Essential tips on updating your rig with a new guitar, amp or effects that will help you show off those hard-earned licks
By John McCarthy
This is the fun part … you've been practicing hard, your chops are getting good, you're starting to hear people say things like "Wow that sounds like a real song you're playing." Now it's time to lay your $100 electric guitar that came with a two-watt amp to rest and get some new gear that will help you further impress people.
Let's start with the guitar because this has a direct effect on you progress. If you get a quality guitar it can be set up to play very easily and this will help you play through those complicated passages or intense chord changes with ease. There are many manufacturers that make great electric guitars such as Gibson, Peavey, Fender, ESP, Ibanez, Washburn, and Jackson to name a few. But depending on your needs, there are some variables to be considered.
If you play heavy rock or metal music there are guitars that cater to your needs a bit more like Ibanez, Peavey, Washburn, and ESP. These guitars play well with heavy distortion and are made with stock or floating tremolo bridges.
If you are more into blues or traditional rock music, a more classic-style guitar such as a Gibson Les Paul or SG or a Fender Stratocaster or Telecaster would probably suit you best. There are also hollowbody electric guitars such as the Gibson ES 335 that get a warm, full tone and are used by many blues, rock, and jazz guitarists.
Here are some other things that can shape the sound of your guitar:
Type of wood: Hard and dense woods will create a thin tone with lots of high end while soft, wide-grained woods will give you a warm, full-toned sound. Some of the most common woods used are ash, alder, walnut, mahogany, koa, and maple.
Pickups: There are two main types of pickups to choose from—active and passive. Active pickups, used by many heavy-metal guitarists, have a battery-powered circuit and high-gain output. The most popular brand of active pickups is EMG. Passive pickups are known for their warm, full tone and there are many manufacturers that produce great passive pickups.
I recommend you go to a music store and play several different guitars to see which one feels best under your fingers. Guitar necks can be wide, thin, fat, round, oval, or any combination of those characteristics. It's like buying a new pair of shoes—you want them to look great, but they have to feel great first.
Go deeper with our Electric Guitar Buying Guide.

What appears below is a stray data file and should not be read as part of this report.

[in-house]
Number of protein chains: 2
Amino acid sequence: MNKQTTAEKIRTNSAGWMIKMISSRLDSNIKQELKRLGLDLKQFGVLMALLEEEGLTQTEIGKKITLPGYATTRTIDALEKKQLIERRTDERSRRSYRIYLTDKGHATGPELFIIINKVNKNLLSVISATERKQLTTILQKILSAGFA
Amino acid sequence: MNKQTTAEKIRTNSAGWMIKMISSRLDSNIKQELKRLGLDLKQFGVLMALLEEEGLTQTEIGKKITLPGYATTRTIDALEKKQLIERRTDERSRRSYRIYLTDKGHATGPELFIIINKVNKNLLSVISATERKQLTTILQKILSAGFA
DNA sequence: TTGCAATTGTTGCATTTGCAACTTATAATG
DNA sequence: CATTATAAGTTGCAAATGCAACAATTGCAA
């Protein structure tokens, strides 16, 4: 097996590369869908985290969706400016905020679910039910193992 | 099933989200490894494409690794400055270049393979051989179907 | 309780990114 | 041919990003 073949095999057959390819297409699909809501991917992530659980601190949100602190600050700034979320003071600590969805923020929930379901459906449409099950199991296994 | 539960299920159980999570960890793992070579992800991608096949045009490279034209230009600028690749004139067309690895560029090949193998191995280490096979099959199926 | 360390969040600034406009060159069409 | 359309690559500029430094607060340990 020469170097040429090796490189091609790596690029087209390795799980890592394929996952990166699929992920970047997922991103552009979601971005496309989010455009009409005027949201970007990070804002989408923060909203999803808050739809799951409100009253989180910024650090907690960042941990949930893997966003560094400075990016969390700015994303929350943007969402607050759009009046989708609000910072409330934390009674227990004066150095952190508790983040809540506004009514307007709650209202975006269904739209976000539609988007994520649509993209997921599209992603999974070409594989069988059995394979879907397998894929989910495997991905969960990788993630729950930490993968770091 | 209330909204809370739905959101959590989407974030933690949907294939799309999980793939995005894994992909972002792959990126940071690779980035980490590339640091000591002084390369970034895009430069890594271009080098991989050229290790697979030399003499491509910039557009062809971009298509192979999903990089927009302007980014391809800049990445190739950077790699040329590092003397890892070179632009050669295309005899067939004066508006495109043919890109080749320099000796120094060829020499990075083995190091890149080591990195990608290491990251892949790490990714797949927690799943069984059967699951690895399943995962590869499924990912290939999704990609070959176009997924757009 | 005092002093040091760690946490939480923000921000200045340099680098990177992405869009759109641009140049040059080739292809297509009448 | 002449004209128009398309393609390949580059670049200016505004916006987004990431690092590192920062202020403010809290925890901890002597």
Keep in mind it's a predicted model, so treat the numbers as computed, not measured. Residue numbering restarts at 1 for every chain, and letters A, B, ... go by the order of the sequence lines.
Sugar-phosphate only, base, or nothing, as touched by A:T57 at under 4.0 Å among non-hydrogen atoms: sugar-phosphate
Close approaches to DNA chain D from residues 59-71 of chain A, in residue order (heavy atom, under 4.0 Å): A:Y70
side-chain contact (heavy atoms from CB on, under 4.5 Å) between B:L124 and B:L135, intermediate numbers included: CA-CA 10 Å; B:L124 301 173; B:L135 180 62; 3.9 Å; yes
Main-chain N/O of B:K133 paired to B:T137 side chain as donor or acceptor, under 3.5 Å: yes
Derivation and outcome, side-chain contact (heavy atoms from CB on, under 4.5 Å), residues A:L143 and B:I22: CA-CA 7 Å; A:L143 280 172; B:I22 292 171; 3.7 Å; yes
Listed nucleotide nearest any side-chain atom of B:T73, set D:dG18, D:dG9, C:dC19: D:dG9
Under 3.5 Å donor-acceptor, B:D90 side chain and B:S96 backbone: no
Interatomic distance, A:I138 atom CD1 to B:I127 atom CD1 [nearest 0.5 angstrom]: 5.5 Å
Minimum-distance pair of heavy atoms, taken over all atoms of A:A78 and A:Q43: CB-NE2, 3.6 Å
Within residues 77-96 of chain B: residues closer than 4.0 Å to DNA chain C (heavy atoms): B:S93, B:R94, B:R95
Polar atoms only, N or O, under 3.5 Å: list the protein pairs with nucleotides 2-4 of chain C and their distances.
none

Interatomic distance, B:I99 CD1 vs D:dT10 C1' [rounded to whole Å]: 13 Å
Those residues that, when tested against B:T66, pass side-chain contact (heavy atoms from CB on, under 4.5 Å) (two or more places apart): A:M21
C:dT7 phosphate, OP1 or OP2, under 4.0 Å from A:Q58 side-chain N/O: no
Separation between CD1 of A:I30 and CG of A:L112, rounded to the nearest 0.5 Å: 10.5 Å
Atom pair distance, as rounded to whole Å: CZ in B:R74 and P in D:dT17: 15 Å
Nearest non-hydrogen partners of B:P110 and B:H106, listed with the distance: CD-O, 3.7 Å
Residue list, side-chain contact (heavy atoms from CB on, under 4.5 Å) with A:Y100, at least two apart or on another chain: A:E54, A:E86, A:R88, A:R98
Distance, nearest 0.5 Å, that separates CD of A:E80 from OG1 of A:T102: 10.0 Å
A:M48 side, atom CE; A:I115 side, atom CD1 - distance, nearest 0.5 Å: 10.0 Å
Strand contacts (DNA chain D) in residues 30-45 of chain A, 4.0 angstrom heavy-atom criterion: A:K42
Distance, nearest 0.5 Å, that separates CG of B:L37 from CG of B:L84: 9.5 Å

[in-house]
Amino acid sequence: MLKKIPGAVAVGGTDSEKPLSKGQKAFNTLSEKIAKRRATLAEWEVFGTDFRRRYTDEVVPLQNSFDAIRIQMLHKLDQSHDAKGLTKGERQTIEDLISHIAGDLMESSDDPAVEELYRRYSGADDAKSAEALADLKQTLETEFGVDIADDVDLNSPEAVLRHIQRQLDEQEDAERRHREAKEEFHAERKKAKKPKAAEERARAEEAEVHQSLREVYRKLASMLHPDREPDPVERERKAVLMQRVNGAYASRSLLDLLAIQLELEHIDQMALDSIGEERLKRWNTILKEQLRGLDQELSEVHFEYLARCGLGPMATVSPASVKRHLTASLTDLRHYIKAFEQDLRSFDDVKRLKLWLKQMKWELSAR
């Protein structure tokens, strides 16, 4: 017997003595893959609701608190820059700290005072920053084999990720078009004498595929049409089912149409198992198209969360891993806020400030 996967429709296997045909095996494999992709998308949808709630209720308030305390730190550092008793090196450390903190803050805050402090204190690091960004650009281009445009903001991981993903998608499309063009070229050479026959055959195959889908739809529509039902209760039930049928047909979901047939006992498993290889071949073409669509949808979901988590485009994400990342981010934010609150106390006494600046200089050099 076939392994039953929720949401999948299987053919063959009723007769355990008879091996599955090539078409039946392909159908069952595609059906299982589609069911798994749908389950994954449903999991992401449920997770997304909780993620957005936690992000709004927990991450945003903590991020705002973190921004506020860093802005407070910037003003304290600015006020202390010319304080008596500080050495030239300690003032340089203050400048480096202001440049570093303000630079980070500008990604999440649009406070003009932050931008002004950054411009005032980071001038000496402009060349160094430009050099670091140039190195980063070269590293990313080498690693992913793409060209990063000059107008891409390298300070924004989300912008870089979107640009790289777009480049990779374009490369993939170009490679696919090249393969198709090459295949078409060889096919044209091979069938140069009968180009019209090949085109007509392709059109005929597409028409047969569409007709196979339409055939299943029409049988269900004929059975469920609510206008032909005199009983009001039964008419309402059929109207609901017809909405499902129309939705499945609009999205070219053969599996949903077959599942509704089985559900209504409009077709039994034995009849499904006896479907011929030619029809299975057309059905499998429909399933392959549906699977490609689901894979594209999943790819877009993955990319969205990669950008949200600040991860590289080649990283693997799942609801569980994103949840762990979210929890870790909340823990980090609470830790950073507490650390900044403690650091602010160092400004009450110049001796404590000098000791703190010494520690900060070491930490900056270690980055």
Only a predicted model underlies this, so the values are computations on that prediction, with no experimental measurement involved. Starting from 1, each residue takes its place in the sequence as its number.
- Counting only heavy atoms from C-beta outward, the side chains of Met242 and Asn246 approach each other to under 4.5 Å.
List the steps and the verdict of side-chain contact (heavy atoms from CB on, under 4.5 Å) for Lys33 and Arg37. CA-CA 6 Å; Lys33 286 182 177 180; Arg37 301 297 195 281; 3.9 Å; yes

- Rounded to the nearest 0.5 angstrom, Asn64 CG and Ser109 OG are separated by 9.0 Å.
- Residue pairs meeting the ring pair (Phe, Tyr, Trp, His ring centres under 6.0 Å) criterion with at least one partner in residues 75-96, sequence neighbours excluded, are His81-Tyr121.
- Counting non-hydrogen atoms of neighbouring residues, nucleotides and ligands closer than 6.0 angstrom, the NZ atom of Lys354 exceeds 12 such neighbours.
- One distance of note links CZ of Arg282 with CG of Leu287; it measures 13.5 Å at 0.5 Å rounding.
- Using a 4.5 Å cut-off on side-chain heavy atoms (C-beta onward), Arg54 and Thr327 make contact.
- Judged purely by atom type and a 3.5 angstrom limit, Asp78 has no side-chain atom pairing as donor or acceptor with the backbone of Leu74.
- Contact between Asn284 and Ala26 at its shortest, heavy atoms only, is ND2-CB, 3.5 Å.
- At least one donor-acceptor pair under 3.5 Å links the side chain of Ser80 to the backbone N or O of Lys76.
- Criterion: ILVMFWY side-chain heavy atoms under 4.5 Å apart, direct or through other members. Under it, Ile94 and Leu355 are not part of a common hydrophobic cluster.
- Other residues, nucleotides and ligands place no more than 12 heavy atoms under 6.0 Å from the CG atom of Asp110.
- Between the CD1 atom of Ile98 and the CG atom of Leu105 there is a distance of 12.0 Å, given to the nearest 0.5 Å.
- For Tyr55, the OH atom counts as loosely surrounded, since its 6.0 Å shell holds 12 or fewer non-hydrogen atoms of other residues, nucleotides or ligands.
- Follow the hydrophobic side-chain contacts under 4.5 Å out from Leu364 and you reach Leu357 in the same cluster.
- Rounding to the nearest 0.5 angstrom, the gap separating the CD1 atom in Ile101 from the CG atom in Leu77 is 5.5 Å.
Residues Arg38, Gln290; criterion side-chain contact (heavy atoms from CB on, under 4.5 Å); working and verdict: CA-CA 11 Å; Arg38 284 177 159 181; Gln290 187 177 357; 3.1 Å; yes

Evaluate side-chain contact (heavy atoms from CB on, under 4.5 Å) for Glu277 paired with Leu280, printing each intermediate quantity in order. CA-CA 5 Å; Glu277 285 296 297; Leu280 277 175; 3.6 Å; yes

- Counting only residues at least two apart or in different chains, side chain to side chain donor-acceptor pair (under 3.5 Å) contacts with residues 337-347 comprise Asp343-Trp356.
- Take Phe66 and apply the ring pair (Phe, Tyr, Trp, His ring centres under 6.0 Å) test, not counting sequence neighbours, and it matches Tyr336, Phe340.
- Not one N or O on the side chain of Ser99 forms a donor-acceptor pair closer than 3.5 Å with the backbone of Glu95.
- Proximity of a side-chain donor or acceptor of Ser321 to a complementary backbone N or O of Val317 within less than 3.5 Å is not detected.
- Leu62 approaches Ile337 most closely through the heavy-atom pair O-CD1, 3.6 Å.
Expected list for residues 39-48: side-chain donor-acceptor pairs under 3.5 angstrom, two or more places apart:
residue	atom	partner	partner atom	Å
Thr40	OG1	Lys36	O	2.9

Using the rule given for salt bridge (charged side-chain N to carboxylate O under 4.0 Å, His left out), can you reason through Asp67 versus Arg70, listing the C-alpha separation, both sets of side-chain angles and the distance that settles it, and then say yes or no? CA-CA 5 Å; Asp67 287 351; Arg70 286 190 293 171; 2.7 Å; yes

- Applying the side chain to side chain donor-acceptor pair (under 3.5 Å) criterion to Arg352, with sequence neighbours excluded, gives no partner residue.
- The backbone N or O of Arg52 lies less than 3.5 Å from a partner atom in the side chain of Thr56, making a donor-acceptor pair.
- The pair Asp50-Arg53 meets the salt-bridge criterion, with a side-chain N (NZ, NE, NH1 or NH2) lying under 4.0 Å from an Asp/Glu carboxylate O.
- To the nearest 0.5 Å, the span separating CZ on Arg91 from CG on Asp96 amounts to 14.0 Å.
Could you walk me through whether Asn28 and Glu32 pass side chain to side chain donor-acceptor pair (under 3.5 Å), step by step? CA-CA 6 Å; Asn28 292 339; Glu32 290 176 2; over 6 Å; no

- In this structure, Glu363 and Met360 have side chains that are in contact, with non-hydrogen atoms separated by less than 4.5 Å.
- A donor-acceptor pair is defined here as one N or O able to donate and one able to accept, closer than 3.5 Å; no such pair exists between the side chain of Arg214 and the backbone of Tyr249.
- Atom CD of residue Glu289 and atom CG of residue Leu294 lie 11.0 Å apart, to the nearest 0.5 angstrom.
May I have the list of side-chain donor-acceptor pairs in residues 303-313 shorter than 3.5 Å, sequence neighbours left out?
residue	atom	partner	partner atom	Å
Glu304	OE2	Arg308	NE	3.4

When you get to the intermediate level as a player you have to start thinking about playing with other musicians and your amp has to have enough power to be heard along with other instruments such as the drums (unfortunately drums don't have volume knobs!)
Again, as with guitars, there are many companies that offer great-sounding amps, but there are a few that may suit your music style best.
There are two main types of amplifiers—tube and solid state. The main difference is tube amps use a system of overdriving tubes to create a thick, full sound while solid state amps use electronic circuitry that creates a typically crisper sound. I would recommend at least a 30-watt tube amp or 100-watt solid state amp for playing with other instruments.
Other features in amps are:
Multiple Channels: This allows you to set specific tones for rhythm, lead, and clean sounds.
Reverb: It adds a room ambience to your sound
Direct Line Out: This allows you to record directly into a mixing console
Effects Loop: This adds your effects into your sound before it goes into the preamp stage
We ask veteran guitarists what they plug into here.
These are what I call my "toys," those addictive little boxes that keep my bank account very low! With effect boxes you can alter your sound in many ways. Here's a list and brief description of some of the most popular effect types. The rest is up to you (and your bank account).
Distortion: This pedal gives you that fuzzy rock or metal sound and is usually applied to a clean guitar sound.
Overdrive: Produces a fuzzy rock sound similar to distortion, but overdrive pedals often provide just a little kick and are often used with amps that have a little distortion but need a boost.
Phase: This gives you an even, swooshing sound by varying the sound wave to achieve the effect.
Flange: Creates a sound the same way as the phase pedal, but flangers give you an uneven wave-form.
Digital or analog delay: These repeat whatever you play at varied speeds and lengths. I often use this for my lead guitar sound.
Wah wah: A foot-controlled pedal that creates a (I know you would have never guessed) wah wah sound. It can make the guitar sound like it is talking!
Sampler: This pedal records your playing then plays those sounds while you play something else over it. It's almost like you are being cloned!
Tuner: Everyone needs this pedal. Step on it to tune your guitar using the meter, step on it again and you are ready to rock in-tune; a beautiful thing!
Scope out the Guitar and Bass Effects Buying Guide for much more pedal intel.